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EOIR declares BIA Pro Bono project as successful
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An Executive Office for Immigration Review (EOIR) evaluation of the Board of Immigration Appeals (BIA) Pro Bono Project indicates that the project has been successful in increasing the level and quality of "pro bono" (free of charge) representation for "respondents" (persons in immigration removal proceedings) who appeal their cases to the BIA. The majority of these respondents are detained by the Department of Homeland Security (DHS). Moreover, based on input from BIA members and staff attorneys, as well as from the private attorneys and members of the non-governmental organizations (NGOs) who participate in the project, the study finds that both respondents and the government benefit from the increased level and quality of legal representation.

Evaluation Findings

The October 2004 evaluation, which reviewed the first 3 years of the BIA Pro Bono Project since its inception in January 2001, found that the project:
  • Increased the number of respondents with pro bono counsel. Nearly 300 respondents, who would not have had legal counsel otherwise, obtained pro bono legal representation through the BIA Pro Bono Project.

  • Facilitated the BIA's legal review of cases by increasing the number and enhancing the quality of legal briefs filed in support of BIA appeals. While most "pro se" (self-represented/without legal representation) respondents do not file a brief in support of their appeals, nearly all of the project cases included briefs which clearly articulated the key issues on appeal.

  • Fostered continuous learning throughout the immigration advocacy community. For example, the project provides real-world educational opportunities to law students who intern in law firms and law clinics that participate in the project.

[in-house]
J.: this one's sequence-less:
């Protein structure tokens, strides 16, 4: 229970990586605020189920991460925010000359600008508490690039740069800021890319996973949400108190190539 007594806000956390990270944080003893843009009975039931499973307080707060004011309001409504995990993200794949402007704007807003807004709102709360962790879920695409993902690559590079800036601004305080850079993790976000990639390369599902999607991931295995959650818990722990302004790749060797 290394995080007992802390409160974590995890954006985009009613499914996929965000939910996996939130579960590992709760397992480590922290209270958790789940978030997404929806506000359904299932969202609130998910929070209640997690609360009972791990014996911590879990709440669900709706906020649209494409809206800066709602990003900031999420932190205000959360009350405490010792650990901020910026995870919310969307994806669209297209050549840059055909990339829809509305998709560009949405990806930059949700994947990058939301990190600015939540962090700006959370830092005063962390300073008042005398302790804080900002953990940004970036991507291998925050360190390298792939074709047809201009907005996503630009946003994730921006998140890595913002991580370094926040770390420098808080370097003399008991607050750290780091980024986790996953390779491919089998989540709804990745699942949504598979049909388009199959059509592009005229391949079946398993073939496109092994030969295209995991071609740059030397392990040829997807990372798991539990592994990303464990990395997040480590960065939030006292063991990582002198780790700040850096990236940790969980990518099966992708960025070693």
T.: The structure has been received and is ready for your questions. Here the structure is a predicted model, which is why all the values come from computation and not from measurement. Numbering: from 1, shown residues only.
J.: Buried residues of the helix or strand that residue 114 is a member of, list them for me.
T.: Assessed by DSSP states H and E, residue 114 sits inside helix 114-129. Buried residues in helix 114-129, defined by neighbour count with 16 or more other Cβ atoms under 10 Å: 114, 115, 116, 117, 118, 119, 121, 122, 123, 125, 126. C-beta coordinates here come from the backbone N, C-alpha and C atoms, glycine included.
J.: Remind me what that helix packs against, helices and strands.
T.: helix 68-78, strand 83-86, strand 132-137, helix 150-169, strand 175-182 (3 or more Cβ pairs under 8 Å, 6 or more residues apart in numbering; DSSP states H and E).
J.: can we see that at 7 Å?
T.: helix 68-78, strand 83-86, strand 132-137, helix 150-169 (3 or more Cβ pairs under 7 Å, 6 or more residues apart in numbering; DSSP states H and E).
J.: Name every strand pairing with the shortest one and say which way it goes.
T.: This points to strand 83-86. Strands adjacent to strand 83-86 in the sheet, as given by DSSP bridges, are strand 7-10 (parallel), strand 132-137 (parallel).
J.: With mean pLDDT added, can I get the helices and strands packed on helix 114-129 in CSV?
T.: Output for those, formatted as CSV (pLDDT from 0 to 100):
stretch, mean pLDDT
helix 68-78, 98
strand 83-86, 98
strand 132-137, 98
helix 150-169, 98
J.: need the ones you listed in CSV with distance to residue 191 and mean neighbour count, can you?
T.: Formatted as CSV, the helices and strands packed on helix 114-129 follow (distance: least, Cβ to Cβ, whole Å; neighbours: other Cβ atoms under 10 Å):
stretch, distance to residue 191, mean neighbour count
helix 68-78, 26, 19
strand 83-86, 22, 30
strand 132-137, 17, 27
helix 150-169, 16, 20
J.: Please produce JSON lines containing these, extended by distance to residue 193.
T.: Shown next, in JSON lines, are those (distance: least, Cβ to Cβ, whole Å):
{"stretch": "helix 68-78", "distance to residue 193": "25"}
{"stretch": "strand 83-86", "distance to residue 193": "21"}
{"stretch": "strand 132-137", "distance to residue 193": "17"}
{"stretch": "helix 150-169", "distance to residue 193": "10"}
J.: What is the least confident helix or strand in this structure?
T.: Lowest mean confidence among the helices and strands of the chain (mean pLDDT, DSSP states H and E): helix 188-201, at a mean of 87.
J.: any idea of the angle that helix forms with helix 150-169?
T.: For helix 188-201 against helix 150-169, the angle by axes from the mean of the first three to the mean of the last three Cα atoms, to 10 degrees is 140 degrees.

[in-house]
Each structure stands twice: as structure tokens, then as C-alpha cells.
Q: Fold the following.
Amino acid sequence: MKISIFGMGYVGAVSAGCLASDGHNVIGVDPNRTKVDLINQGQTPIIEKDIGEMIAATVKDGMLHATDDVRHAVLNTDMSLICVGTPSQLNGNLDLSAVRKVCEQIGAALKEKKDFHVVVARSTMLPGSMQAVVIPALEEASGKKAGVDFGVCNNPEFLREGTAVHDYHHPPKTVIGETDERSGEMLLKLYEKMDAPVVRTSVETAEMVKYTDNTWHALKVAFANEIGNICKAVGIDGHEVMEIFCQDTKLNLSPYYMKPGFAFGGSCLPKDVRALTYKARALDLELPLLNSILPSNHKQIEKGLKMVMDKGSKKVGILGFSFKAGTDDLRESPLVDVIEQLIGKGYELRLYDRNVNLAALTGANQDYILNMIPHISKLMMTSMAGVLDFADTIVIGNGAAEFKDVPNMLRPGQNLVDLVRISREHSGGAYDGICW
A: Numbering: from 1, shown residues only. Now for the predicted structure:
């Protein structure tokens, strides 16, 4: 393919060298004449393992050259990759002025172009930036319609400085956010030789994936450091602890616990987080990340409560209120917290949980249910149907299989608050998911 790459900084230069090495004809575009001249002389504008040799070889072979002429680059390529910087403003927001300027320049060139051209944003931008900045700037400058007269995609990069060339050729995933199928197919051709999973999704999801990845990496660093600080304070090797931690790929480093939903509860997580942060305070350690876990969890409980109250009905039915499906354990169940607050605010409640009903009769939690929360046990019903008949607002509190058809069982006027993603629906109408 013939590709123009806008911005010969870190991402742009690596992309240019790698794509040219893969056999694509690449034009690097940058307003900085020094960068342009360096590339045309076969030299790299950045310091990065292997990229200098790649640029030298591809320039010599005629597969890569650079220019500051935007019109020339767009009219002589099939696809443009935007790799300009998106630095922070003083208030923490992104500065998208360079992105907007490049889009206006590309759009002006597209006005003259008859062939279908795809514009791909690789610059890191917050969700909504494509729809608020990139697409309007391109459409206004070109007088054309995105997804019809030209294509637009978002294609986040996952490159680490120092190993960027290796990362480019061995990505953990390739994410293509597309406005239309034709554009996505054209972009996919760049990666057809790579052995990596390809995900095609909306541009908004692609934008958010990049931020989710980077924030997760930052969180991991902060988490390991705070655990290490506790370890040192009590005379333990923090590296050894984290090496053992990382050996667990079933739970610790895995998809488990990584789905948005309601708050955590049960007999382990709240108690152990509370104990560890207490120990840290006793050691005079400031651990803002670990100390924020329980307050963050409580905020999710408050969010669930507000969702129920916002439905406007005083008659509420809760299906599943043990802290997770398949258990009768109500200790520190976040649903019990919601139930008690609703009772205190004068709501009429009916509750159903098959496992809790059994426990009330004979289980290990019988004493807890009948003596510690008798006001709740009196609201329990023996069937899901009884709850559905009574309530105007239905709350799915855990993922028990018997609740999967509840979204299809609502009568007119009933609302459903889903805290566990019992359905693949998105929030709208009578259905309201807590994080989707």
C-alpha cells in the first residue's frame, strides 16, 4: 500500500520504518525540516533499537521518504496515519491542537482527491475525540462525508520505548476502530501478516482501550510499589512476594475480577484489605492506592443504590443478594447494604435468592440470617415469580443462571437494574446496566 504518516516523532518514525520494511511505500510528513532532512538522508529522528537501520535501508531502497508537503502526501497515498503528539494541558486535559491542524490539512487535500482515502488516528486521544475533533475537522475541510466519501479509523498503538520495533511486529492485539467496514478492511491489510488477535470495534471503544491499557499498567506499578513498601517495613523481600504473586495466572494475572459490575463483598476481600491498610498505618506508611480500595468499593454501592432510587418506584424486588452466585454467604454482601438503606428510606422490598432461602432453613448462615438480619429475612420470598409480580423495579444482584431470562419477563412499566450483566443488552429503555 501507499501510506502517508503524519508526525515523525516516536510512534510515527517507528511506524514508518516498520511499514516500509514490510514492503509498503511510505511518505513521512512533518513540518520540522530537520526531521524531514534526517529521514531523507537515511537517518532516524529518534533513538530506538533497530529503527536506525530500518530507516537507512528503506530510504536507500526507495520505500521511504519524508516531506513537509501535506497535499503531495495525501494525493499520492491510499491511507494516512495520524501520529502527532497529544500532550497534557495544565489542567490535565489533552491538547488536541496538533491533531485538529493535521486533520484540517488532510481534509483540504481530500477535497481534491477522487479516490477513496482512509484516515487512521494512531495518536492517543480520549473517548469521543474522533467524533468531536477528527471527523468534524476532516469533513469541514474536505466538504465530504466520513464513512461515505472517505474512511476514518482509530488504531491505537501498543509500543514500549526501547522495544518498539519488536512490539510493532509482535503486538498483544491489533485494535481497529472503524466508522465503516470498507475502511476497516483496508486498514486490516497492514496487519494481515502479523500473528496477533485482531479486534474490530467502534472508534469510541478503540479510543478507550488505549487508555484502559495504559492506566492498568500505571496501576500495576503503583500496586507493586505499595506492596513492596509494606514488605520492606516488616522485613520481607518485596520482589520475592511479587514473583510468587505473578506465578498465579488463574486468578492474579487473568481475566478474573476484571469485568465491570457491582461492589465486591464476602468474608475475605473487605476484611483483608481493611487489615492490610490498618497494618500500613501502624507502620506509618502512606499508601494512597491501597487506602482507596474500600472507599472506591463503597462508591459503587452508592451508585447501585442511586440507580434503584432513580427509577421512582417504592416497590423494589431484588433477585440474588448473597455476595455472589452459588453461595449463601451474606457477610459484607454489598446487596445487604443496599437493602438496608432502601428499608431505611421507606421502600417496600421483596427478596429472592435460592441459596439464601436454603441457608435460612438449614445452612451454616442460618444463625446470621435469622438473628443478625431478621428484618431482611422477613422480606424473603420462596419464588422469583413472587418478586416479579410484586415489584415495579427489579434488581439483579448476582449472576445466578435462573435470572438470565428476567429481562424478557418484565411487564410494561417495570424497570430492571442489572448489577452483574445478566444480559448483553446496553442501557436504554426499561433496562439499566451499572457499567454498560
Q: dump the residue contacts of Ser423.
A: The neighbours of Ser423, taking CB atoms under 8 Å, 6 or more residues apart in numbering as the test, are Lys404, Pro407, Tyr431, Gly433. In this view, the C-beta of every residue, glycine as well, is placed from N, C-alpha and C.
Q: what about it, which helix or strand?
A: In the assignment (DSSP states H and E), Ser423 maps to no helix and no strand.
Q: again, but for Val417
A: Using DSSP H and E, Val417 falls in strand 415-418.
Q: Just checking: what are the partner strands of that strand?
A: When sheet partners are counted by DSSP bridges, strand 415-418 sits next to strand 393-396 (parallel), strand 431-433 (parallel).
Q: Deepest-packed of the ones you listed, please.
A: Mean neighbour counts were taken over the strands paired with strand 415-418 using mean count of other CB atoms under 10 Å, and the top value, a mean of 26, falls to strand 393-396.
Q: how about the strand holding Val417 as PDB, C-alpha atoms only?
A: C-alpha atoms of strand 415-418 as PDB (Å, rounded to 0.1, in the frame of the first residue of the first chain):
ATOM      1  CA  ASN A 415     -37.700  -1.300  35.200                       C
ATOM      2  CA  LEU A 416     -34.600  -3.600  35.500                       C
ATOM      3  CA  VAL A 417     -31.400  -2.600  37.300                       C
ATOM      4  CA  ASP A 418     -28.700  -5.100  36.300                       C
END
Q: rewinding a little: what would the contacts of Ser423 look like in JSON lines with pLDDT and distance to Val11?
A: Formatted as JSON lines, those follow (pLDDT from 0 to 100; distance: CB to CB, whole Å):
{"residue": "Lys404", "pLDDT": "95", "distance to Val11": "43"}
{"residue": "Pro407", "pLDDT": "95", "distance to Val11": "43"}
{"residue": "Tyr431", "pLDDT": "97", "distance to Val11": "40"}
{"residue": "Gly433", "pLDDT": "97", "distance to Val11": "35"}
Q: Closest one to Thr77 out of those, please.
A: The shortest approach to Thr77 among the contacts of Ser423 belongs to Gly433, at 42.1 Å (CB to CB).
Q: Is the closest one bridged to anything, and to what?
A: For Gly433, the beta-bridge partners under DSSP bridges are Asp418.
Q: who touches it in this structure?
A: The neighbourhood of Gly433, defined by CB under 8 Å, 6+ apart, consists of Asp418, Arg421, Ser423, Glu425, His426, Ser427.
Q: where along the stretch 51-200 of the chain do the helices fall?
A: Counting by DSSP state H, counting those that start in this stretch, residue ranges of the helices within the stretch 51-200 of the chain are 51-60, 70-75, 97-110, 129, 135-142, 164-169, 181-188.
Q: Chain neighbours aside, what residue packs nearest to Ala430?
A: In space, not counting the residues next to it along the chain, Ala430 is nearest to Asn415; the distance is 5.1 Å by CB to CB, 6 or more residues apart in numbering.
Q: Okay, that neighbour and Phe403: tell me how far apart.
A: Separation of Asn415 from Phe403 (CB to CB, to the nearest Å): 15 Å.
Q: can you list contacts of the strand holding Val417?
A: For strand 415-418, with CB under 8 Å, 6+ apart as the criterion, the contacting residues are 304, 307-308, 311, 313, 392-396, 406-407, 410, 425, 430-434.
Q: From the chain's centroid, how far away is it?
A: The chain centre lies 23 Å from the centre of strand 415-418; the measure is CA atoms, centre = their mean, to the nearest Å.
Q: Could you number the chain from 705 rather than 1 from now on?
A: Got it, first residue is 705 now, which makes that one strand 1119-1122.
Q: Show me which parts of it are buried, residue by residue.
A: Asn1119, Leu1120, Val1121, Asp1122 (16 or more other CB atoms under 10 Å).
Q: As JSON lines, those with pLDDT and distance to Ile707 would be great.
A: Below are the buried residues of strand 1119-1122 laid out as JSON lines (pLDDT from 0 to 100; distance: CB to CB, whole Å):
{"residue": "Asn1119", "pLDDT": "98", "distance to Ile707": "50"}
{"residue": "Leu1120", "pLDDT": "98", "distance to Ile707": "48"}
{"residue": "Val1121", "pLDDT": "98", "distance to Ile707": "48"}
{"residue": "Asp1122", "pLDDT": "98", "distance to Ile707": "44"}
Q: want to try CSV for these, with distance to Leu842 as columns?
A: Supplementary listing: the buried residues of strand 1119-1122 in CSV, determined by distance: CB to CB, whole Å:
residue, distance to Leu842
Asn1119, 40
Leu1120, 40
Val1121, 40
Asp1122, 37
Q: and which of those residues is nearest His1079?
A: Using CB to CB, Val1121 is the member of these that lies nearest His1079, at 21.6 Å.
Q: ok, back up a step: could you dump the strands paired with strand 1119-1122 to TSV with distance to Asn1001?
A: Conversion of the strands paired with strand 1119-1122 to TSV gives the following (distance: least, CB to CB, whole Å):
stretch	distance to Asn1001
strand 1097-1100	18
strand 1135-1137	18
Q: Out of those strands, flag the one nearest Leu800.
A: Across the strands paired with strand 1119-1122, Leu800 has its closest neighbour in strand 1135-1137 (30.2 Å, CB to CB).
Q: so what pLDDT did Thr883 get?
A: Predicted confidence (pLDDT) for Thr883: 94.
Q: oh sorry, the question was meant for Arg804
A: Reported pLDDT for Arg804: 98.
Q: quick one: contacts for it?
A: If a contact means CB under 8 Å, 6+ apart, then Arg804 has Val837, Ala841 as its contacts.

For complete evaluation of the Pro Bono project by EOIR, click here

Background

Under U.S. law, individuals in immigration proceedings are not provided legal representation by the government. While they may obtain legal representation at their own expense, many times they cannot afford to pay for private legal counsel. EOIR's BIA Pro Bono Project assists several NGOs in their efforts to link volunteer legal representatives nationwide with aliens, most of whom are detained, who have immigration cases on appeal to the BIA and cannot afford legal representation.

The project seeks to remove traditional obstacles private attorneys face in identifying, locating, and communicating with unrepresented aliens by providing EOIR case tracking and summary information to facilitate the initial contact. Generally, the process is as follows:
  • EOIR identifies certain types of cases for pro bono representation, based upon criteria determined by the NGOs.

  • NGOs review and summarize the selected cases and then distribute them via e-mail to pro bono representatives throughout the country.

  • Volunteers who accept a case then receive a copy of the court record and, in most cases, additional time to file the appeal brief.
The Catholic Legal Immigration Network, Inc. (CLINIC) has provided critical assistance in coordinating the project with other NGOs, which include the American Immigration Law Foundation, the American Immigration Lawyers Association, the Capital Area Immigrants' Rights Coalition, and the National Immigration Project of the National Lawyers Guild. To date, EOIR's NGO partners have recruited more than 350 attorneys, law students, and accredited representatives, and have matched 310 individuals who would not have been represented by counsel, with pro bono legal representation.

The BIA Pro Bono Project is one of three major EOIR Pro Bono Program initiatives that are managed by the EOIR Pro Bono Coordinator with the goal of facilitating access to pro bono legal assistance and creating new incentives for attorneys and law students to take on pro bono cases before the Immigration Courts and the BIA. The other two Pro Bono Program efforts are:
  • Legal Orientation Program - provides comprehensive briefings about Immigration Court procedures and other basic legal information to detained individuals at seven DHS detention facilities nationwide; and

  • Unaccompanied Alien Children initiative - a cooperative effort with DHS, the Office of Refugee Resettlement (Department of Health and Human Services), and NGOs to provide pro bono assistance and improve legal services for these children.
For additional information about EOIR's Pro Bono Program click here


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